31 Jan 2016

Mini Reviews 31/01/2016

We may not have time to review every book on our pull-lists but we do aim to provide a snapshot of what's been released over the past week, encompassing the good, the bad, and those that lie somewhere in between.

Writer: Simon Spurrier
Art: Ryan Kelly, Nick Filardi, Lee Loughridge, Matt Wilson, Emma Price
Image $3.99

Stewart R: There'd been quite a bit of buzz about this book before its arrival - following Spurrier on Twitter will have helped my exposure, but a fair few people and sites were offering up praise outside of the retweets I was seeing. As I sit here to write this review I'm realising just how well Spurrier has woven a narrative around Louise which flows freely, swirling around her far past, her recent past and her troubled present in captivity. From aspiring London street-musician to black ops grunt in a clandestine squad; it all holds together very well indeed thanks to Spurrier's fine grip of characterisation and a slightly more measured approach to his dialogue than we've seen in previous works. Series such as The Spire and X-Men Legacy saw his hand for brain-fart psycho-babble (a compliment, I assure you!) come to the fore, but here there's a more minimal approach to the interactions which still shine with heart. Kelly needs to be applauded on this effort too as the reader clearly gets to see Louise's girlfriend show frustration and doubt in regards to their relationship through her facial expressions, while Louise remains oblivious to the fact. Once things push onto the militaristic aspect of the book, Kelly busts out a fine depiction of cool-headed confidence in the team that Louise finds herself embedded within. Things are left in a precarious and intriguing spot which absolutely guarantees a second chapter lock in to my pull-list. We do drum on about this all the time but Image really is the place to go for consistently good first issues. 9/10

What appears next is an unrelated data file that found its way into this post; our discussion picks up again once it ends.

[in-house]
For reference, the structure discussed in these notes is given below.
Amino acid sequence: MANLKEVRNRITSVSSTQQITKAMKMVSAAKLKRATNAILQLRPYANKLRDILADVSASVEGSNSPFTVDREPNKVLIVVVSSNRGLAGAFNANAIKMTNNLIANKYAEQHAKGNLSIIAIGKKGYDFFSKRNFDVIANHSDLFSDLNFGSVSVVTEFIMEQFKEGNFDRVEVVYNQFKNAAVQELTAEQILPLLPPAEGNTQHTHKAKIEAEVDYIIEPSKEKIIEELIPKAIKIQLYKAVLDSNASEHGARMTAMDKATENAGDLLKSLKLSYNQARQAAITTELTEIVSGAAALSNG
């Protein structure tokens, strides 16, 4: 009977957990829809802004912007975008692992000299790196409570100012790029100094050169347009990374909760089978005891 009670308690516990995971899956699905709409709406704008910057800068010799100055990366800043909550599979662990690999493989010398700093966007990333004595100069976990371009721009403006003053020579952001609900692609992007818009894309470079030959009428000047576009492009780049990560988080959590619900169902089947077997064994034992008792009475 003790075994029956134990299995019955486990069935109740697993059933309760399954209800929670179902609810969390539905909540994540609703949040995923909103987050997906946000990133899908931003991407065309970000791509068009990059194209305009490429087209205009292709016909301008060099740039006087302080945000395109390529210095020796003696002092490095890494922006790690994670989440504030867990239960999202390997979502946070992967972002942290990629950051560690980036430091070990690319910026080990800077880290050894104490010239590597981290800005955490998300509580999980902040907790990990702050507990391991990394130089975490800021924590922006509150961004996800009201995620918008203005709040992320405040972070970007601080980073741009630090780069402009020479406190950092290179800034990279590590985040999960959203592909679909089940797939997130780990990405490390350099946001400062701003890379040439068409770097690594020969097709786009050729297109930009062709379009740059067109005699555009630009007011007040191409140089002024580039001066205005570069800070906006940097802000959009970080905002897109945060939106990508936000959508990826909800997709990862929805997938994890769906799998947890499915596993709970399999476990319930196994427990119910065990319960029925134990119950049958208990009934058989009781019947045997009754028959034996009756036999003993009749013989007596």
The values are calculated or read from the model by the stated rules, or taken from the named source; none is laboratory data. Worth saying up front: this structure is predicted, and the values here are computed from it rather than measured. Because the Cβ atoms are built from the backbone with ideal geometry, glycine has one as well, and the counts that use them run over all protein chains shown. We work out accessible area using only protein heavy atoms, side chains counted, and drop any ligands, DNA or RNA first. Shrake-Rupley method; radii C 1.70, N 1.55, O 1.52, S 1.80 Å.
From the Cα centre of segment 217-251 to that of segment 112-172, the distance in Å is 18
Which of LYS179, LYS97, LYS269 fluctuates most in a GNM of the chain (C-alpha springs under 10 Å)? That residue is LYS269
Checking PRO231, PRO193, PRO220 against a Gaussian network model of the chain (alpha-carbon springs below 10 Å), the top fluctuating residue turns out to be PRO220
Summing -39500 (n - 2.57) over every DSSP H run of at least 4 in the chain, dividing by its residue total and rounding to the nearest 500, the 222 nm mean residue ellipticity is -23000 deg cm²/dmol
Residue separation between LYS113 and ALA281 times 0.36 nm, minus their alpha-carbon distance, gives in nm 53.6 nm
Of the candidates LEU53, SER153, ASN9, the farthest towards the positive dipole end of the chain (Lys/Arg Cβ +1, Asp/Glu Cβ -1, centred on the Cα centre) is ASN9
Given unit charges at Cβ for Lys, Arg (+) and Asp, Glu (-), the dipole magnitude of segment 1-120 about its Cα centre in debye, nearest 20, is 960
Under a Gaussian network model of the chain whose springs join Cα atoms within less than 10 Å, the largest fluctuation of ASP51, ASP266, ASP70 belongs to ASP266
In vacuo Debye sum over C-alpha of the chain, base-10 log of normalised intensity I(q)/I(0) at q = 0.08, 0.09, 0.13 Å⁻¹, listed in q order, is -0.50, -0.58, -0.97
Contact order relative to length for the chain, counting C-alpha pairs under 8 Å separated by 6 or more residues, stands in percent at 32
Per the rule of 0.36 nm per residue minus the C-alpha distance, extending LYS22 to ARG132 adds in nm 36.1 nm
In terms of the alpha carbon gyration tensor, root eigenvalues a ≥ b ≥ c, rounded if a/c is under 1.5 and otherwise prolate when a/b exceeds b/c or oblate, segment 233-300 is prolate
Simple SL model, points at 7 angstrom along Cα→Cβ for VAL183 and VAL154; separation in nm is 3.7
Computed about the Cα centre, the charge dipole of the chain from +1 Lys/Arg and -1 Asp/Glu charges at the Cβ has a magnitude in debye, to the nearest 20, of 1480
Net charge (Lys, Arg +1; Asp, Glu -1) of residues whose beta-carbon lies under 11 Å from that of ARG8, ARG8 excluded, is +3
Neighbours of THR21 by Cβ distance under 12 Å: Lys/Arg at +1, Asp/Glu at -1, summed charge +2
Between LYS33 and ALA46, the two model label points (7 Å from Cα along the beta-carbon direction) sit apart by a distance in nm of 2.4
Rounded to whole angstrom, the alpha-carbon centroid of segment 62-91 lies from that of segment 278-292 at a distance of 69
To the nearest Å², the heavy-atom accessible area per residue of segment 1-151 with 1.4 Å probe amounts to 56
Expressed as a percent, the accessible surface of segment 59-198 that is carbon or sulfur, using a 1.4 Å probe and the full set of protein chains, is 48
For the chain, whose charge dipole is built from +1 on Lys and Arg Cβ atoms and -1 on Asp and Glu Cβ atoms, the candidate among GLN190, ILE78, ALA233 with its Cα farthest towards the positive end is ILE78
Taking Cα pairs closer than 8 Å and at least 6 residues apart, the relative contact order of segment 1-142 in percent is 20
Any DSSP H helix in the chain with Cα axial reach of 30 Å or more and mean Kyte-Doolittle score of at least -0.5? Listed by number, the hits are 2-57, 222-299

Writer: Jeff Lemire
Art: Andrea Sorrentino & Marcel Miolo
Marvel $4.99

Matt C: I never much cared for Mark Millar’s original ‘Old Man Logan’ storyline, and Bendis’ involvement in the ‘Battleworld’ miniseries had me steering clear of that one (although admittedly I’ve heard some positive things about it). With this in mind, why am I now picking up the latest series featuring an older version of the Ol’ Canucklehead? Two words: Jeff Lemire. While his Extraordinary X-Men plays a little too closely to formula for my liking, with Old Man Logan I had hoped for something a little more unconventional, and while it’s clearly a Wolverine comic, it was, I’m happy to report, surprising and thrilling in equal measure. This is Logan in full-on, grizzled Eastwood mode, as we flash-forward back and forth from the present day to the apocalyptic future where he originated, and things get complicated as his ‘mission’ becomes more established. The stark illustrations and emphatic colour schemes are highly effective and Lemire has found a great way to utilize this character. Possibly not what you’d expect and as such definitely worthy of investigation. 8/10

Writer: Jason Aaron
Artist: Jason Latour
Image $3.50

James R: If it wasn't already, then this series has now achieved the status of a modern classic. I was genuinely excited and thrilled to get this issue home and read it. Having built up to the homecoming clash between the the Rebs and Wetumpka County, Jason Aaron and Jason Latour hold absolutely nothing back here. Firstly, it's another perfect display from Jason Latour - he's a superb artist, but I'm always enthralled by his use of colour. This month, the gritty, dirty reds that have given the book its tone are slowly taken over by the colder blues as Coach Boss struggles to hold together both his team and his place in Craw County. Once again Aaron shows that he is absolutely at the top of his game - from the electric dialogue that peppers this chapter, to the deftly woven plot… it’s just flawless. And if all this wasn't enough, the next issue promises a homecoming that readers of the book have anticipated since the end of the first arc. It's a tough call for me to say what is the singular outstanding series in comics at the moment - I see-saw between this and the equally magnificent Lazarus - but one thing is certain, there's no comic finer than this out there. 10/10